|Scientific Name:||Amblyraja reversa (Lloyd, 1906)|
Raia reversa Lloyd, 1906
|Taxonomic Source(s):||Lloyd, R.E. 1906. Notes on the skull of the genus Aulastomatomorpha, with descriptions of some new deep-sea fish. Natural history notes from the R.I.M.S. ship "Investigator," Capt. T. H. Heming, R.N. (retired), commanding., (Ser. 7).|
|Red List Category & Criteria:||Data Deficient ver 3.1|
|Assessor(s):||Ebert, D.A., Khan, M., Akhilesh, K.V. & Grandcourt, E.|
|Reviewer(s):||Jabado, R., Kyne, P.M. & Pollom, R.|
|Facilitator/Compiler(s):||Jabado, R., Kyne, P.M.|
The Reverse Skate (Amblyraja reversa) is known from only a single specimen, collected from 1,500 m depth on the deep slope of the Baluchistan coast off Pakistan in the Arabian Sea. As virtually nothing is known of the species, it cannot be assessed beyond Data Deficient at present. This assessment should be revisited as further information becomes available.
|Range Description:||The Reverse Skate is endemic to the Arabian Seas region, where it is known only from the type locality, in the Arabian Sea off the coast of Baluchistan, Pakistan (Lloyd 1906). The species may be more widely distributed than currently known and potentially occurs in India, but this requires confirmation (Akhilesh et al. 2014).|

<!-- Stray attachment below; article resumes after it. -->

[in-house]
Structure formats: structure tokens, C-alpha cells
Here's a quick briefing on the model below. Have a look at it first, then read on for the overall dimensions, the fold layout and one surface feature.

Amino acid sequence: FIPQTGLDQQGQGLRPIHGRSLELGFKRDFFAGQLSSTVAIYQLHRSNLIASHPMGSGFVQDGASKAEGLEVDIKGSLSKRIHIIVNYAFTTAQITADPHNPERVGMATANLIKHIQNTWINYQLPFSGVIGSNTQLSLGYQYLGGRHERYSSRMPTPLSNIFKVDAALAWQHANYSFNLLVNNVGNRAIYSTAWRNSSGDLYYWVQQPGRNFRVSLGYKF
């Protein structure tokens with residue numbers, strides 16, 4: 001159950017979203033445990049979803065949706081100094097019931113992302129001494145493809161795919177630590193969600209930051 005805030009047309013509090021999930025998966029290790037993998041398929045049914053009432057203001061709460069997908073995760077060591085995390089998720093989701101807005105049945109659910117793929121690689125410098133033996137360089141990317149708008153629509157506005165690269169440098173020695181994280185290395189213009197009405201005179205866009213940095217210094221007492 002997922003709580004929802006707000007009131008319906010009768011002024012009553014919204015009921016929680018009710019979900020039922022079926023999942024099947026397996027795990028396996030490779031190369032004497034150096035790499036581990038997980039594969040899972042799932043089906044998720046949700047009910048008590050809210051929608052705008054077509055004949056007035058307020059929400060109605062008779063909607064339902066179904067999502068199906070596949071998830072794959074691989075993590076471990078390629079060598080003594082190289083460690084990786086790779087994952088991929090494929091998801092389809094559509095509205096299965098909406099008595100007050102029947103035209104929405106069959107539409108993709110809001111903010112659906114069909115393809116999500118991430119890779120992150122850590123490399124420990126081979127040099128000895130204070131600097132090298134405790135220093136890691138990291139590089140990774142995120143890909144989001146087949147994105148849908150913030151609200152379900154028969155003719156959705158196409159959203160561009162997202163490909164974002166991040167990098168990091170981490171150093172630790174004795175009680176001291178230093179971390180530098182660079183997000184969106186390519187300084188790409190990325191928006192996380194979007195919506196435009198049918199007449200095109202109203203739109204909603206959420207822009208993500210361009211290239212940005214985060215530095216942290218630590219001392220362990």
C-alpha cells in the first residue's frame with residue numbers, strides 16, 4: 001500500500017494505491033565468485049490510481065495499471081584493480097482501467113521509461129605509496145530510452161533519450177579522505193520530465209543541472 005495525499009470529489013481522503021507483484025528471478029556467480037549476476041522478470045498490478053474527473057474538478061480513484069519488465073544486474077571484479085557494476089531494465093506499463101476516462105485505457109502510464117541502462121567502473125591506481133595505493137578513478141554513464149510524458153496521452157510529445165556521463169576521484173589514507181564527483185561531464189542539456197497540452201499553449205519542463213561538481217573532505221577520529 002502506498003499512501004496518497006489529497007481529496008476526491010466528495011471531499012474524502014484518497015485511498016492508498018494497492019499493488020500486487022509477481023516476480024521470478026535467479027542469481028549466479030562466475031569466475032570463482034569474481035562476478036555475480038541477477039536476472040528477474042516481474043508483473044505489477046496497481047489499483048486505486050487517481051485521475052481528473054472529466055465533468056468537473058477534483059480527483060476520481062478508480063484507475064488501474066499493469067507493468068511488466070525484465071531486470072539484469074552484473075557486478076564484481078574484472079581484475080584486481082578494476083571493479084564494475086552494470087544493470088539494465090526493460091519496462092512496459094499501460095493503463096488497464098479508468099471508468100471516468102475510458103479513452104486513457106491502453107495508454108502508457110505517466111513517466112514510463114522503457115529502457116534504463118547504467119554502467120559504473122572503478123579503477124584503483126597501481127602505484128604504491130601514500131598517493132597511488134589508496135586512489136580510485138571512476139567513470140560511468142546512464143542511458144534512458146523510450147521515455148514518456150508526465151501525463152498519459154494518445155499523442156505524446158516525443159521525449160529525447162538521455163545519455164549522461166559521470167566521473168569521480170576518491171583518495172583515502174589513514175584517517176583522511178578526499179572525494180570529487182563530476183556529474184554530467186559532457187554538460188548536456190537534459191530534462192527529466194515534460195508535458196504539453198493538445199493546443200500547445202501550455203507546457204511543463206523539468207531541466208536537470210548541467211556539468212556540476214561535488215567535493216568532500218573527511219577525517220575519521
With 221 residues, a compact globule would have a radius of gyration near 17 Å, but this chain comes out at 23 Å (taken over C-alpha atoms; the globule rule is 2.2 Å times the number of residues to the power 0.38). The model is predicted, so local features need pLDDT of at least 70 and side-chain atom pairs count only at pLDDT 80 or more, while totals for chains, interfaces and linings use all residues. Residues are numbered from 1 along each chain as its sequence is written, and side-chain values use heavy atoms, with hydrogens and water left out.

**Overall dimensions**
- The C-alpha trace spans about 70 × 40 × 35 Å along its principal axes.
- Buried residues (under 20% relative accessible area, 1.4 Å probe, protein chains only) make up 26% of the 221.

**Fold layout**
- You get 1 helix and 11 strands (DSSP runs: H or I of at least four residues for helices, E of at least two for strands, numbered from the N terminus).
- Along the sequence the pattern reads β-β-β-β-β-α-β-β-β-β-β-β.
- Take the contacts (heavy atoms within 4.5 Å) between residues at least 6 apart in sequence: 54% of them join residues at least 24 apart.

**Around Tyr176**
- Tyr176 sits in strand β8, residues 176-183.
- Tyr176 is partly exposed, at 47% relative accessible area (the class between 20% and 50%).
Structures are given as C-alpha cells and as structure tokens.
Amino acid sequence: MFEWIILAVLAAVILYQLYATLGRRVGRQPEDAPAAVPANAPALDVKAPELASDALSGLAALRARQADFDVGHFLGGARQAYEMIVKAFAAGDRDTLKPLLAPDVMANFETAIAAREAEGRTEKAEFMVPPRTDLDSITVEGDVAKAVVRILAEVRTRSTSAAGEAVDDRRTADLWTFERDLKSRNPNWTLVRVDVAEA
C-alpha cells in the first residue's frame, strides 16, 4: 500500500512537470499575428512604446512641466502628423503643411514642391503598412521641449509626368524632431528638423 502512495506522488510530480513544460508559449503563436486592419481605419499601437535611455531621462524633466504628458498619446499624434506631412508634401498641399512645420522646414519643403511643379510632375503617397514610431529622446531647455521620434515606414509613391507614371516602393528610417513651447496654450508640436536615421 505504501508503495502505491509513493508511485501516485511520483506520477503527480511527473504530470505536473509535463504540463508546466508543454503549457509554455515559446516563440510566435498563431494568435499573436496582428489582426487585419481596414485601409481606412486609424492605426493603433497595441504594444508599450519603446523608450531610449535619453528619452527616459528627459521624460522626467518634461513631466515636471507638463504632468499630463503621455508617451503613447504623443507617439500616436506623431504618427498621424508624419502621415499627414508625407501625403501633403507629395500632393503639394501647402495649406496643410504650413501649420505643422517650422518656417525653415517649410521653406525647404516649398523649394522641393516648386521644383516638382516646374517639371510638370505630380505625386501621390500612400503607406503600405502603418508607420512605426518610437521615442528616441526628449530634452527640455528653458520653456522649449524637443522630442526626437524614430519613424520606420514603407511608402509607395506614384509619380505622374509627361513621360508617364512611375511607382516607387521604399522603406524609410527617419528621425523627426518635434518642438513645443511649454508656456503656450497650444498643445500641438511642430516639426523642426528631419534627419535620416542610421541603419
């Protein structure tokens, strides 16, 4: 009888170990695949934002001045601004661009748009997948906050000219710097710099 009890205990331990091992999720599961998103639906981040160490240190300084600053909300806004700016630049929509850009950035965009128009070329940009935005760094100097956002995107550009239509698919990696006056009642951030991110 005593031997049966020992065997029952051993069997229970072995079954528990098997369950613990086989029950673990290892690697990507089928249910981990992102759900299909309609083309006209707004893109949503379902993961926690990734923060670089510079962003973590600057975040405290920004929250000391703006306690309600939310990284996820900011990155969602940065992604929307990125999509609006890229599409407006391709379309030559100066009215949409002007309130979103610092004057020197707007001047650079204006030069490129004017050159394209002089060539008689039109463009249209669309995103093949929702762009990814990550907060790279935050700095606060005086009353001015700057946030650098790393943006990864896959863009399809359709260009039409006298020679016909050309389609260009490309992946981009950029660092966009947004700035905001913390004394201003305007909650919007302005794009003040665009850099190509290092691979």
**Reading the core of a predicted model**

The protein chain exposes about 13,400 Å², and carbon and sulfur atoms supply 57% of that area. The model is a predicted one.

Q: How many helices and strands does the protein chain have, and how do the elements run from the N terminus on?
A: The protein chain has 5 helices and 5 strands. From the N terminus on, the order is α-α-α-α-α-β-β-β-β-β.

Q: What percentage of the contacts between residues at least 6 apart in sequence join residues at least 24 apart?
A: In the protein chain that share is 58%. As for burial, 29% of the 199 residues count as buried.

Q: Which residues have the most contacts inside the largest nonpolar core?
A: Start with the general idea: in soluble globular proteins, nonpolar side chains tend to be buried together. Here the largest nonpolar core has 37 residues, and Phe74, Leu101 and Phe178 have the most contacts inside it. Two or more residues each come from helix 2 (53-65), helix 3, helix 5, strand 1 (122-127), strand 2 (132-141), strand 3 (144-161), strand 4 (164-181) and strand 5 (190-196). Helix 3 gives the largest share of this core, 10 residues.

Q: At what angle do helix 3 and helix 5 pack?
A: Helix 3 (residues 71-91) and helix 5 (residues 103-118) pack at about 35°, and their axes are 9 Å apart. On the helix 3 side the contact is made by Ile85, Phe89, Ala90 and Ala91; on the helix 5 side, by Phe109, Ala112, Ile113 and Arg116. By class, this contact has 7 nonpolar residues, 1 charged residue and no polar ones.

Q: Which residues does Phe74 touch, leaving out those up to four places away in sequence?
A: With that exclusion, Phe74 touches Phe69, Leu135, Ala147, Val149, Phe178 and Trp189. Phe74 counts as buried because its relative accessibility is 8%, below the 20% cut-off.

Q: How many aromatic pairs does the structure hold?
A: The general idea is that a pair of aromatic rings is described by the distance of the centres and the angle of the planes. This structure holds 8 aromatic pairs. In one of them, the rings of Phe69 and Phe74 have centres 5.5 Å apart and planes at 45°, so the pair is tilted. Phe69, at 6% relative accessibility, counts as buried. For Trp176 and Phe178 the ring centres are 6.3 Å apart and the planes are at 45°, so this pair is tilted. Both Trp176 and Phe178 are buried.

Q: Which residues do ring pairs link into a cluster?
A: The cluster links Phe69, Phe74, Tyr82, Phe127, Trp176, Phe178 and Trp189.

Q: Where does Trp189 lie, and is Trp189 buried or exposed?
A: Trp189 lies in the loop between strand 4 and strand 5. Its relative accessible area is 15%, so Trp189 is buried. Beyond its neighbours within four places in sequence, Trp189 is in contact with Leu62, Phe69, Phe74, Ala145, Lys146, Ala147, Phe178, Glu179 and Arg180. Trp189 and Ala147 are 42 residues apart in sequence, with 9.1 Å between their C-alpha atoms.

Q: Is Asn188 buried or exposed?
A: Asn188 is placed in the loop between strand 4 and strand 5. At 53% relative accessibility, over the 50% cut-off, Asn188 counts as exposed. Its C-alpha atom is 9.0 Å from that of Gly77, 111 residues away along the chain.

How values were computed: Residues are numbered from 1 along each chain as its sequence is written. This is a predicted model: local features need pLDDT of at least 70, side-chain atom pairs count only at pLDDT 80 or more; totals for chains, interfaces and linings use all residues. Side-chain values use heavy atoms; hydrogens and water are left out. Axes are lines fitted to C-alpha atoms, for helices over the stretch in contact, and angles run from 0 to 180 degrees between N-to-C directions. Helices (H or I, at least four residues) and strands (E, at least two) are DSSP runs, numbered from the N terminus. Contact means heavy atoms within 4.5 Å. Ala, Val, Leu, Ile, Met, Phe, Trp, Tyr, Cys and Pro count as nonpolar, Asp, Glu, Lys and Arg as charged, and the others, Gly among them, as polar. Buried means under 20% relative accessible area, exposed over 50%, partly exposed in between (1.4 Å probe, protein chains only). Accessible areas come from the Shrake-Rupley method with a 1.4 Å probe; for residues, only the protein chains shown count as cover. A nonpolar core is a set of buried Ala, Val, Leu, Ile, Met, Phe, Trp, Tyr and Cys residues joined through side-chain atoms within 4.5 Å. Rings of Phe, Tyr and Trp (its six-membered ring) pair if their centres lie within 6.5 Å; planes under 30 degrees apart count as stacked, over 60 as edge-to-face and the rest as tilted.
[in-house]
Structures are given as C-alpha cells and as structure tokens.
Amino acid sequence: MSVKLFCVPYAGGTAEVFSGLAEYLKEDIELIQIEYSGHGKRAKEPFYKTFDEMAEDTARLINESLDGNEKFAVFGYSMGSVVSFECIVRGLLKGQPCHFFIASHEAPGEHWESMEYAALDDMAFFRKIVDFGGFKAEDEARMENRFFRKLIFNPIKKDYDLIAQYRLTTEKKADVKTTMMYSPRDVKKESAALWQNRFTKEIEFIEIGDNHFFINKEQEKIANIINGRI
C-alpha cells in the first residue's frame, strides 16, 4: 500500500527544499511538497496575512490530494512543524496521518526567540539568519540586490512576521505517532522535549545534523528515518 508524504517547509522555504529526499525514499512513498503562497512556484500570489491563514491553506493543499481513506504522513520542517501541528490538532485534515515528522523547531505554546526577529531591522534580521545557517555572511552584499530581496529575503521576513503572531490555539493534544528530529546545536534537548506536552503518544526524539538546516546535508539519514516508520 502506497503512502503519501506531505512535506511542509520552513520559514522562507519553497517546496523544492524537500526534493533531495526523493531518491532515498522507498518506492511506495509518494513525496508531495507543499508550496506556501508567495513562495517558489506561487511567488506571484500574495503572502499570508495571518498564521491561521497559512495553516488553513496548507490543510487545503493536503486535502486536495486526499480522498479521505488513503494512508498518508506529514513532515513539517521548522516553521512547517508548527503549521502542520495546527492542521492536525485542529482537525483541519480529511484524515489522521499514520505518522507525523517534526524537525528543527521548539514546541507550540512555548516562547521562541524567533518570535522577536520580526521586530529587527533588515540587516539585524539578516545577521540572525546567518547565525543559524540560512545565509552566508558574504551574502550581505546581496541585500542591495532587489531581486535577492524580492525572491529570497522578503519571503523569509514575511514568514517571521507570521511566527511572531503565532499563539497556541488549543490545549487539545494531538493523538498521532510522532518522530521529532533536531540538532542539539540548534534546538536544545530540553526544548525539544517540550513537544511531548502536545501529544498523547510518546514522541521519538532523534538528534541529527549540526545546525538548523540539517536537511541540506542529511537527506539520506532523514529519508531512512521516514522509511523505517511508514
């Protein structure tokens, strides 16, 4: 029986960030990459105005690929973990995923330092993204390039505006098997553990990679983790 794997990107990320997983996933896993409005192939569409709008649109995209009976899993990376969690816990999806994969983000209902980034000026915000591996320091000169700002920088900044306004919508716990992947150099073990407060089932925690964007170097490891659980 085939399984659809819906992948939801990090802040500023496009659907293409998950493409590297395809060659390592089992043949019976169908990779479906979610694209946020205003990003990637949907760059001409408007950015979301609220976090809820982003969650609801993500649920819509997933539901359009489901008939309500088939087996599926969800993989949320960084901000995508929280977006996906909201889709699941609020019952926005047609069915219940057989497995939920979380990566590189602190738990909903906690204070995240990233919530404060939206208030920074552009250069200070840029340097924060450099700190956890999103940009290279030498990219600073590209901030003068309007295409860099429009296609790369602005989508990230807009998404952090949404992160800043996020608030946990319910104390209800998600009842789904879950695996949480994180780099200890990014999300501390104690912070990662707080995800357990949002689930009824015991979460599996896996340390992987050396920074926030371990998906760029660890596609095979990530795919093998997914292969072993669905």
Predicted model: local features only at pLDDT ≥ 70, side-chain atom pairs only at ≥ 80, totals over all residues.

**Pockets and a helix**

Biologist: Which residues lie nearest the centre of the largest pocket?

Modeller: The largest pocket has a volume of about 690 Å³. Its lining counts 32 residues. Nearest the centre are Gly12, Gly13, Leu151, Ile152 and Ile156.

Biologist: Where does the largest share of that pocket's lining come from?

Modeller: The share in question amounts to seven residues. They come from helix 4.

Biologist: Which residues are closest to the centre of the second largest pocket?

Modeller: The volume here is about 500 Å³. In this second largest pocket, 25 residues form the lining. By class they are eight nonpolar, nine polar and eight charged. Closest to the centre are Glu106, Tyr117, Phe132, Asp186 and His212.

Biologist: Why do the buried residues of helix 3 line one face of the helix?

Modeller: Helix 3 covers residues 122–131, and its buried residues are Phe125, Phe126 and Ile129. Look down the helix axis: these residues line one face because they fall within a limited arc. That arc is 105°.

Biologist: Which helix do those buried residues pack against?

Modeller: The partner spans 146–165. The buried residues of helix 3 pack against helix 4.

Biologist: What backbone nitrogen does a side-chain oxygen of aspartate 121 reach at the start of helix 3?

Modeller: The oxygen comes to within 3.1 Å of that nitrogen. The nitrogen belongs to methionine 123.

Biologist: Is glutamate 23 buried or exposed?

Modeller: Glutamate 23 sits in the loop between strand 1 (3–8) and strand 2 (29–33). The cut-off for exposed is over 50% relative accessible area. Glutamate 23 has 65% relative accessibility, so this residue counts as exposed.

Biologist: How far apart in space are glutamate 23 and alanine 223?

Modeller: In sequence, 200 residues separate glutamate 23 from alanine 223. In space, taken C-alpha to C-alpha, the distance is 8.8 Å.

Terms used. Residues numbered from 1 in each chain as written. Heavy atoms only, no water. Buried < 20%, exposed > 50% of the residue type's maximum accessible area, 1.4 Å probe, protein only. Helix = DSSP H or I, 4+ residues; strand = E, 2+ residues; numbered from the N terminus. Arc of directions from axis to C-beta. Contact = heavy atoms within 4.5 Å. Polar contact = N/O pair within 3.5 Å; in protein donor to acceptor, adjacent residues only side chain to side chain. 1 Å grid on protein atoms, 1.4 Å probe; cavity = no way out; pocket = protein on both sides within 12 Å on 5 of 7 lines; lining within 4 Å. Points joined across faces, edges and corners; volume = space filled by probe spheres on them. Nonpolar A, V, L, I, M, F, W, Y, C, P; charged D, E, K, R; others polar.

|FAO Marine Fishing Areas:|
Indian Ocean – western
|Range Map:||Click here to open the map viewer and explore range.|
|Population:||The population size for this species is currently unknown, but it appears to be rare; it is known only from the holotype. Further research is needed to determine population size and trends in abundance.|
|Current Population Trend:||Unknown|
|Habitat and Ecology:|
The only known specimen of the Reverse Skate was taken at 1,500 m depth. The one specimen is a male measuring 60 cm total length.
|Continuing decline in area, extent and/or quality of habitat:||No|
|Use and Trade:||
No utilization or commercial trade of this species is currently known to exist.
|Major Threat(s):||There are no known threats to this species. Its known depth distribution is beyond the depth of current fishing pressure.|
Currently there are no conservation actions in place that might benefit this species in the waters it which it occurs. Research is required on this species’ biology, abundance and distribution to further assess status and any future conservation needs.
|Citation:||Ebert, D.A., Khan, M., Akhilesh, K.V. & Grandcourt, E. 2017. Amblyraja reversa. The IUCN Red List of Threatened Species 2017: e.T161340A109901335.Downloaded on 22 March 2018.|
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